I just couldn’t escape the clouds during my time in Hong Kong, they were everywhere! And while it would have been nice to see some sunshine, they did at least provide a dramatic backdrop for some photography at the Chi Lin Nunnery.
I spent a good while in this spot waiting for the best moment to get a shot without many people in. Almost every time I was about to click the shutter another large group would enter through the front door! So I would just sigh and wait another few minutes for them to wander through.
Eventually it all came together, and I even managed to keep my camera straight whilst rushing for the shot! This was the most peaceful place I visited in the city of Hong Kong, the striking contrast to the cityscape behind impossible to ignore.
After a while the burning incense in Hong Kong’s Man Mo Temple was quite suffocating, but the atmosphere it created was probably the most mesmerising of any temple I’ve visited. Despite the difficulty breathing after half an hour I was still reluctant to leave.
I spent a lot of time around these lanterns. There were plenty hanging inside, and I guess you can pay to have your prayer attached to one. I have absolutely no idea what the Chinese writing says. If anybody out there has a clue I’d love to know!
It’s in situations like this I wish I had a nice prime lens with a really low f stop and nice bokeh. Then I could get some really tight focus and that nice creamy effect in the out of focus areas. But for now my kit lens will have to do!
There can be no doubt that the Buddhas of Wat Chedi Luang look their best in the dark. When dusk turns to night and the lights come on around the temple, there’s a quiet and relaxing ambiance that can’t be found during the heat of the day in Chiang Mai.
Perhaps it was because there were far fewer people, or because I wasn’t constantly on the look out for shade. Whatever the reason, this place was more magical once the sun had set, and so I spent an hour exploring the angles around the temple.
It took a while to get this shot all lined up. I was using a small mini-tripod which left me about 25cm from the ground setting up the camera. Unfortunately these things are never completely symmetrical, which I always find very disappointing!
The Wat Phra Kaew complex in Bangkok was so full of colour and shiny things that it was often difficult to know where to look. Whilst it was a feast for the eyes, I really struggled to get any good shots around the grounds.
There was so much going on in every direction it was hard to find a composition that didn’t feel confused or messy. So when I looked up and saw all of these nice lines in parallel I was pleasantly surprised.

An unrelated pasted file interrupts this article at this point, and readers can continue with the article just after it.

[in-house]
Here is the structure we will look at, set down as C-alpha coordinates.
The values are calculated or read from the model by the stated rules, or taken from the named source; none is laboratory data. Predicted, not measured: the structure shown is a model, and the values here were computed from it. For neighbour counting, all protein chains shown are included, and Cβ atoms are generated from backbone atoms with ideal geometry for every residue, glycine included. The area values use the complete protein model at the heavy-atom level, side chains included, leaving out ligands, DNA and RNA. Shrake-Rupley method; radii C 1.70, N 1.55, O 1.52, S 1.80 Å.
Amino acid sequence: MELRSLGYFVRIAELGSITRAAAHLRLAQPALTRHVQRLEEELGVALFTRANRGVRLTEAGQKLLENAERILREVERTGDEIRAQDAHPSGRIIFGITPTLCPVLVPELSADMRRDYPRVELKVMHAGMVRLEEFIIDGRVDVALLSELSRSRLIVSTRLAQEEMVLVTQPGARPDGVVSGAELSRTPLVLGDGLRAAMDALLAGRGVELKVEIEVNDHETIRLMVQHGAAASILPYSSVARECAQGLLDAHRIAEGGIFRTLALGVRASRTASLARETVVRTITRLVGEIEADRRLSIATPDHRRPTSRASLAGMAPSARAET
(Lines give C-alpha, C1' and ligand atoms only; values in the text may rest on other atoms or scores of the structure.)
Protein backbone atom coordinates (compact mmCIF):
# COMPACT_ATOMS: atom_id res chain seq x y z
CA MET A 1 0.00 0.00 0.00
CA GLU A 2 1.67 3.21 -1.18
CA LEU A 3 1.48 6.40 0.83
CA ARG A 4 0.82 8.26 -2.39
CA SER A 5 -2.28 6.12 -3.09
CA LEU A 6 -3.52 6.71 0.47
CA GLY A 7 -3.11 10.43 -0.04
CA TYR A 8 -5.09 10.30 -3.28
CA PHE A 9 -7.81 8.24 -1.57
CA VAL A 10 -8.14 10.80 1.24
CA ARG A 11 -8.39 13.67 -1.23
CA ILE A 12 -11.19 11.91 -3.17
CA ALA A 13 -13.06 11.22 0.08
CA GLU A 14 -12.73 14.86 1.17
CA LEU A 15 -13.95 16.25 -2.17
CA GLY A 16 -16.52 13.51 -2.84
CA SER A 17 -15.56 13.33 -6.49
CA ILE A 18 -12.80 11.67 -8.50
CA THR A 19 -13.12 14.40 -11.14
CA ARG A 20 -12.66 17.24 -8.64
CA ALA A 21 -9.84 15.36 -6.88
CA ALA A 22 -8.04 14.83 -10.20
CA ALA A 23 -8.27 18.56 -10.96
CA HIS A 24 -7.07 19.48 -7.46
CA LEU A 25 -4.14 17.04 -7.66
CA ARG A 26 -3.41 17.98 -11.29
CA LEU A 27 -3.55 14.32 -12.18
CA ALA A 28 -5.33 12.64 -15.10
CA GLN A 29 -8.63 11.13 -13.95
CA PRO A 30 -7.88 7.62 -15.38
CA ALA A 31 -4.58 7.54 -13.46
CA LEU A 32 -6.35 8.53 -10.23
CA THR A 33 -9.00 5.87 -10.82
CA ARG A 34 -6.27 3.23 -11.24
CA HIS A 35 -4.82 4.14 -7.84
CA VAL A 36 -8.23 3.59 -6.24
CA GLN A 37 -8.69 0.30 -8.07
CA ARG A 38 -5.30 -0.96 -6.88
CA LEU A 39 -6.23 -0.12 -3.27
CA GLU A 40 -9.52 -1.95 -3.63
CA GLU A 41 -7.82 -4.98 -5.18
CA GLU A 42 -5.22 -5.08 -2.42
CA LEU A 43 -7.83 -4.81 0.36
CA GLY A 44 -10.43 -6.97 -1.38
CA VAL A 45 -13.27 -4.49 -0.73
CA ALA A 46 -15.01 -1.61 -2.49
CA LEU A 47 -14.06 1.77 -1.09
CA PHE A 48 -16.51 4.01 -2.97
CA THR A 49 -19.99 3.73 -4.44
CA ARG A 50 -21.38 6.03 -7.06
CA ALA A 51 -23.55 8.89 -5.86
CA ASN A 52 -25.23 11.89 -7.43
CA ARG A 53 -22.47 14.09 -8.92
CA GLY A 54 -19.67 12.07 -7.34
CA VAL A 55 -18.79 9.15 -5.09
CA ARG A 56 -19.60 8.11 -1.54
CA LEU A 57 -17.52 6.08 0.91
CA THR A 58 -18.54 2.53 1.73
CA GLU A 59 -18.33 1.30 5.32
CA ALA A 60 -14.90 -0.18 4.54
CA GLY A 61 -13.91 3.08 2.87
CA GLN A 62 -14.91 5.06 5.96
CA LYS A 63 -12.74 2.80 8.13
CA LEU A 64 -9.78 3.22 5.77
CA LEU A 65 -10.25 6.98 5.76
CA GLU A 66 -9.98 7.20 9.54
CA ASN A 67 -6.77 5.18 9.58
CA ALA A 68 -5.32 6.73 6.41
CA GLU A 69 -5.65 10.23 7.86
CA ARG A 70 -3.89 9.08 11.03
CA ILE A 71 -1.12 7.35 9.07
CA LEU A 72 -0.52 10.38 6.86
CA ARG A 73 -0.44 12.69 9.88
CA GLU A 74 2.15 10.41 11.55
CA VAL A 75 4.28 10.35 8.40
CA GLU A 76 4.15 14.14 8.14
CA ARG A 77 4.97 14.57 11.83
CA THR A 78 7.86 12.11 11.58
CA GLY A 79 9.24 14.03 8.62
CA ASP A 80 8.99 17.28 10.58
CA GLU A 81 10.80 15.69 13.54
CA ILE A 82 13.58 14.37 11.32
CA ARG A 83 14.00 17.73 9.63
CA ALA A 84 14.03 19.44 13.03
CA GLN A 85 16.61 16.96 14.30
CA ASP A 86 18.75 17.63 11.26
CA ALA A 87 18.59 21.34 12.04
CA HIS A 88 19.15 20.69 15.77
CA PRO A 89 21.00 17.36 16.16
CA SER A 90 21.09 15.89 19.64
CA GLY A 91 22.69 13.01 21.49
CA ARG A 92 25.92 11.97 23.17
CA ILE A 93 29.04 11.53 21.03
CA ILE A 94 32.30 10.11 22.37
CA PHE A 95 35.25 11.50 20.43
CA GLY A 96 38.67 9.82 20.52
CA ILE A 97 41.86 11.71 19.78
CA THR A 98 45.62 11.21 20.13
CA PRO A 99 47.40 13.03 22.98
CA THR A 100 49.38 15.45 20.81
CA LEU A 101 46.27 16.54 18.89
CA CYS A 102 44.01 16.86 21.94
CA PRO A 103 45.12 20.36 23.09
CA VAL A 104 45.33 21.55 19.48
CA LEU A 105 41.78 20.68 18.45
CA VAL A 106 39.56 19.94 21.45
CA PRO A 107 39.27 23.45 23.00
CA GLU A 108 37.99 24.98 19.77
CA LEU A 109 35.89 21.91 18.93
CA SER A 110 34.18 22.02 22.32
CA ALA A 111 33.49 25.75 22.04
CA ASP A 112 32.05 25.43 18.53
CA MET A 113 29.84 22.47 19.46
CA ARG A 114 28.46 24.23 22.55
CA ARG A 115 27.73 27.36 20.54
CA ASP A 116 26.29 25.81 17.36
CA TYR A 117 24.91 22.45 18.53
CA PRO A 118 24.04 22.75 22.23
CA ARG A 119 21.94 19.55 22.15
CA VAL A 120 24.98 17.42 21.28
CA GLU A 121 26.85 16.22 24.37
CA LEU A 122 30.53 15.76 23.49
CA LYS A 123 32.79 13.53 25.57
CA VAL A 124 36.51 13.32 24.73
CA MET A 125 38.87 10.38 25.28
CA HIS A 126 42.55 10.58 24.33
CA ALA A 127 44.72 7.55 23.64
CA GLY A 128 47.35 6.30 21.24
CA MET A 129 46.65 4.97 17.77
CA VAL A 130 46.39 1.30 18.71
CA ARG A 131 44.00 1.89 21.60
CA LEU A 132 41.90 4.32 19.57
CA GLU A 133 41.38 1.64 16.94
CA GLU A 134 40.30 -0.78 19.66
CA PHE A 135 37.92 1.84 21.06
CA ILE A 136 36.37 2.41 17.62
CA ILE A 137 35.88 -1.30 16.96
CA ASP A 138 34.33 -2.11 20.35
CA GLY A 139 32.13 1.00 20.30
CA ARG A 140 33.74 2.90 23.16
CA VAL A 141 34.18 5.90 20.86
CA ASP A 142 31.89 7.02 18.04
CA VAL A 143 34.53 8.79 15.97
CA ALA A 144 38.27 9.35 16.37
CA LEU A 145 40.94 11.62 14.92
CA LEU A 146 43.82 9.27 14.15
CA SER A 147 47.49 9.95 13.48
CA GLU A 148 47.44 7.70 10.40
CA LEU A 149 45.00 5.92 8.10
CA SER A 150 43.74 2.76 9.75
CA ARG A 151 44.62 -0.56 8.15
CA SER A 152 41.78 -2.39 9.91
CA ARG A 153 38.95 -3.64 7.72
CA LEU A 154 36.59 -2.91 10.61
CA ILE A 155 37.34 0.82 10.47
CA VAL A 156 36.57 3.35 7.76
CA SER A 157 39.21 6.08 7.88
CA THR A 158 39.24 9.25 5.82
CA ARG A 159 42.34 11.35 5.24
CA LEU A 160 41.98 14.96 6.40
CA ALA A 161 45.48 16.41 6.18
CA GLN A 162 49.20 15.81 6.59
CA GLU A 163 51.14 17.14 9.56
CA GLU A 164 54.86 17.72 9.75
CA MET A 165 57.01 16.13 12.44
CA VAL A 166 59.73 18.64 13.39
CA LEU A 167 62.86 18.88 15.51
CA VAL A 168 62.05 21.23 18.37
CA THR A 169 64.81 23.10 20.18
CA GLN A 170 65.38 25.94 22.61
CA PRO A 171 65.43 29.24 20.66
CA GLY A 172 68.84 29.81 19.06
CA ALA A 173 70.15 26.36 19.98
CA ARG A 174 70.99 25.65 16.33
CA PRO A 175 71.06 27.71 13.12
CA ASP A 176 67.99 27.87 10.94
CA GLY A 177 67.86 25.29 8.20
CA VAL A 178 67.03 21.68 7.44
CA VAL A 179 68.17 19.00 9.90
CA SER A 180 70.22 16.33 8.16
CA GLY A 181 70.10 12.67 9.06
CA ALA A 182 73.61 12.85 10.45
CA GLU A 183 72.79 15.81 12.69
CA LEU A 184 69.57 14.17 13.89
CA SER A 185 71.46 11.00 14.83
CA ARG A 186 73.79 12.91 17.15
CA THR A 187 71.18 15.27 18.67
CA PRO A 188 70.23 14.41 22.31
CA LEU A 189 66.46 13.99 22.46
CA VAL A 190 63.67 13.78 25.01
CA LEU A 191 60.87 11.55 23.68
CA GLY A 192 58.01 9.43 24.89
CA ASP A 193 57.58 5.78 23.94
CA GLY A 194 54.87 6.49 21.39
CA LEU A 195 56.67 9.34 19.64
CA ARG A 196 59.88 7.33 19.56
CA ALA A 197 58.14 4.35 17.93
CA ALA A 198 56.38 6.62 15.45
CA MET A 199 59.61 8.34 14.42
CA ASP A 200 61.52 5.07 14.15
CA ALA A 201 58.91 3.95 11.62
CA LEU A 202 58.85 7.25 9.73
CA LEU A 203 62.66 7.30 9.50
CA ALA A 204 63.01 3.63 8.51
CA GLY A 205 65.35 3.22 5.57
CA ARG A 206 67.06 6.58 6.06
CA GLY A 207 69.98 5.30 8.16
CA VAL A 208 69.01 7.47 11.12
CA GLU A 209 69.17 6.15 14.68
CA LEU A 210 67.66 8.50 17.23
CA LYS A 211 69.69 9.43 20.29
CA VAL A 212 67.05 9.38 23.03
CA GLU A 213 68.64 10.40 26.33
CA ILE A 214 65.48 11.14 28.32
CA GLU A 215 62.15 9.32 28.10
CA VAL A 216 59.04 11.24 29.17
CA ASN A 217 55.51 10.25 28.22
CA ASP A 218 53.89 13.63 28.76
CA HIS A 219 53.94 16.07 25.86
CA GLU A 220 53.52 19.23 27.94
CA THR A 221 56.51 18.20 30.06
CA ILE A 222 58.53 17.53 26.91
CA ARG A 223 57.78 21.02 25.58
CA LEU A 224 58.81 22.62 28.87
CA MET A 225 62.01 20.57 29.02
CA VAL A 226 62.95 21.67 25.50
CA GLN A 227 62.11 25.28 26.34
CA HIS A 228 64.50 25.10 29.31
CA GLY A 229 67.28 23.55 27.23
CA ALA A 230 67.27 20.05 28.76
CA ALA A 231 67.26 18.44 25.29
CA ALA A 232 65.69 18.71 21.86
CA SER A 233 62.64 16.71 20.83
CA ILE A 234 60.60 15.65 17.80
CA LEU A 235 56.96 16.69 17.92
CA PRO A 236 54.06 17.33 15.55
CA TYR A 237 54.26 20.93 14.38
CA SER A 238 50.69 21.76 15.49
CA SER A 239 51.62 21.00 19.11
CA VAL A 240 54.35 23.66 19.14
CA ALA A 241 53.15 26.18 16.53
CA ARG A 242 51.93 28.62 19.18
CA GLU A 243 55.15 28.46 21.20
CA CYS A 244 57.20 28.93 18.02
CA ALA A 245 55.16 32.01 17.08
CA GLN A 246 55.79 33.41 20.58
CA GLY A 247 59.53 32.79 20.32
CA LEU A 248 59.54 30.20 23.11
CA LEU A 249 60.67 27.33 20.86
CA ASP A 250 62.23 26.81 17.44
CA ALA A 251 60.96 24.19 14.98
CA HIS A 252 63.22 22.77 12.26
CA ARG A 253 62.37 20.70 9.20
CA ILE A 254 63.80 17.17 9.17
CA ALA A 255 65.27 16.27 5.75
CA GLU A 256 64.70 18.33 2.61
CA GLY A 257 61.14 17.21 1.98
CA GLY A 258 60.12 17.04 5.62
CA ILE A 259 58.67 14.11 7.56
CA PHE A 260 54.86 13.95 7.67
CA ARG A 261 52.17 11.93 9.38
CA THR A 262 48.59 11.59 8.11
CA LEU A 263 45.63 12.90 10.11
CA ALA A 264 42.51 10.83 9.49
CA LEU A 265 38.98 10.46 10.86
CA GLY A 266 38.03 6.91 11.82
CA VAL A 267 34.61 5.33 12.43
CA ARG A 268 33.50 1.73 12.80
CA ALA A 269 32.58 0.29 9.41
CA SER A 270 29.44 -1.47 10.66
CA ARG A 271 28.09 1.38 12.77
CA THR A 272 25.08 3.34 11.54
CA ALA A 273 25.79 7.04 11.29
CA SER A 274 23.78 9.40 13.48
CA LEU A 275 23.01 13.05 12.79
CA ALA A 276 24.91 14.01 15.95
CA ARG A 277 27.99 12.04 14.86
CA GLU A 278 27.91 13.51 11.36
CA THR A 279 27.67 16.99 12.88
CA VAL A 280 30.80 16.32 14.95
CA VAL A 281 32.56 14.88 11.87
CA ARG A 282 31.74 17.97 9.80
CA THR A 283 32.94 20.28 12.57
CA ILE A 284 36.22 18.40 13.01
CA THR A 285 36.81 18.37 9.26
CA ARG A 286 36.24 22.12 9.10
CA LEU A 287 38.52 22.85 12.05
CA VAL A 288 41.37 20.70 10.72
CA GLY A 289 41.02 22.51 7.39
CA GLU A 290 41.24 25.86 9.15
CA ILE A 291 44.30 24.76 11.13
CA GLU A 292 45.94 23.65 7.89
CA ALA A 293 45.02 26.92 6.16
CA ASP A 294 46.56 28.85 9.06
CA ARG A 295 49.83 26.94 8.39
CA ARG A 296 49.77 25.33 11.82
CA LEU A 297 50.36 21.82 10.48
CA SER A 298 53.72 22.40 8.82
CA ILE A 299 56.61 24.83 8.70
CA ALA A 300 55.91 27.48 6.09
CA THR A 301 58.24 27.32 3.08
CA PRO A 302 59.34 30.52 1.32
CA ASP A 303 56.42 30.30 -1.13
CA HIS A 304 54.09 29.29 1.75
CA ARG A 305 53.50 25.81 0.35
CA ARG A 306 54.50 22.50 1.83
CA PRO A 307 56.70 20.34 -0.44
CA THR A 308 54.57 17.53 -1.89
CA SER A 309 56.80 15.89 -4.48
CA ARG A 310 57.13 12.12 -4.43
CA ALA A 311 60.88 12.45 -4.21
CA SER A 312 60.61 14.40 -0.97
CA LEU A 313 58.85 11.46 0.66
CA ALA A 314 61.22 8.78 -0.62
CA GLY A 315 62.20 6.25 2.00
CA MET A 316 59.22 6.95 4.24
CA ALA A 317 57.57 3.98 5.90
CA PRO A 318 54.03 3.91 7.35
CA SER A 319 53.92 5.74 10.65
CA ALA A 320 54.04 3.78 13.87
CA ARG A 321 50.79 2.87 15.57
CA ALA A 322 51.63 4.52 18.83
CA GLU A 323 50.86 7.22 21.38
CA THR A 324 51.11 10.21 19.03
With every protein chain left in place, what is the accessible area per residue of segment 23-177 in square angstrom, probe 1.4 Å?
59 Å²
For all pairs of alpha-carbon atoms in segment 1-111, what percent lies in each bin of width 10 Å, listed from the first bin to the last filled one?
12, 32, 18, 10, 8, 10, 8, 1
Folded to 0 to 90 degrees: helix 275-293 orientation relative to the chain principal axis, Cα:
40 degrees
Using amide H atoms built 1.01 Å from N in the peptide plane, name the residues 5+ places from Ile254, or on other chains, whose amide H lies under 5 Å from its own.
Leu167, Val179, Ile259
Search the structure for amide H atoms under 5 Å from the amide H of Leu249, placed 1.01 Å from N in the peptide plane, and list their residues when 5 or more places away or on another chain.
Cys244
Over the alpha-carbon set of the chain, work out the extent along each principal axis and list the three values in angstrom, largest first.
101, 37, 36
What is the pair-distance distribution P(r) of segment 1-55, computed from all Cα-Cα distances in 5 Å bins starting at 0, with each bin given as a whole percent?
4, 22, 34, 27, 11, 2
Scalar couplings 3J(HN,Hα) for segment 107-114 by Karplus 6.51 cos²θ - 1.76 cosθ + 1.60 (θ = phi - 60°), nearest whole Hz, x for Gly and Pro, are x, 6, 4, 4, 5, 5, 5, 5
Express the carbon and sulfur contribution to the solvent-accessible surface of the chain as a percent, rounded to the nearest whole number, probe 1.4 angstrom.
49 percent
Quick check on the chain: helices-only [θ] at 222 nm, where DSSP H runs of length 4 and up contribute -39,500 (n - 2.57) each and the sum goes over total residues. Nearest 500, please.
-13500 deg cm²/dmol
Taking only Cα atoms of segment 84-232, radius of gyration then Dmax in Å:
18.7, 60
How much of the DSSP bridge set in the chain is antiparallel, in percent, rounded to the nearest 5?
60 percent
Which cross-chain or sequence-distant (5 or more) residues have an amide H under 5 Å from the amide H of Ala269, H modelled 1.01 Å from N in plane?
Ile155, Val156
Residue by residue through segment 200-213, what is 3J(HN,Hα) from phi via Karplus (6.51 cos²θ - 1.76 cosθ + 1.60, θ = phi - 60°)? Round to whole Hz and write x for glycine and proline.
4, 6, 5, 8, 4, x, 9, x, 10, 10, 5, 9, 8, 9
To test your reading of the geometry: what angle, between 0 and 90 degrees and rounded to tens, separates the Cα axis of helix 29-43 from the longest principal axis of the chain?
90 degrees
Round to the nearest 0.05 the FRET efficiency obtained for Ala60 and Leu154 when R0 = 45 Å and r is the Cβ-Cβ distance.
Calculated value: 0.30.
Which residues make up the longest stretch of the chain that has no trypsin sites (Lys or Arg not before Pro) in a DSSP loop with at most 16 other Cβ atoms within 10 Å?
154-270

Travelling around Thailand there are so many temples that it can be easy to dismiss them after a while – a phenomenon I’ve decided to call “temple tired”. However, I can’t say I suffered from this affliction.
Without exception I found each Buddhist temple we visited to be a peaceful, inspiring place. I can certainly see why people find a spiritual connection in them.
Have you visited any Buddhist temples? How did you find the experience? Maybe you got temple tired?! I’d love to hear from you.
After climbing to the second level of Wat Arun in Bangkok this No Entry sign was quite a surprise. The incredibly steep steps required to get to this spot were quite enough for me! I certainly don’t envy whoever has to make it to the top of this ladder for their day job.
I think one of the most important things I’ve learnt as a photographer is to always look up. It’s so easy to miss the captivating things that aren’t at eye level. I saw many people walk right by this sign without a second thought. They simply didn’t see it. But for me it was one of the most incredible sights I laid eyes on whilst visiting this famous Buddhist temple.
The array of colours was fantastic, but I wanted to draw attention to the No Entry sign. In the original shot it became lost in amongst the rest of the detail. I decided to isolate the yellow by reducing the saturation of every other colour in the shot. I think it works well here, but I’ll be sure to post a full colour image in the future that does the temple justice!
Have you visited Wat Arun? Maybe you fancy climbing this ladder?! Got any great shots in which you’ve looked up to get a different perspective? Please get in touch!
Situated in the north of Thailand, Chiang Mai offered a nice change of pace after experiencing the hectic city streets of Bangkok. Its slightly cooler temperatures were also very pleasant, despite many locals telling us it was cold! And there seemed to be a new temple to explore around almost every corner.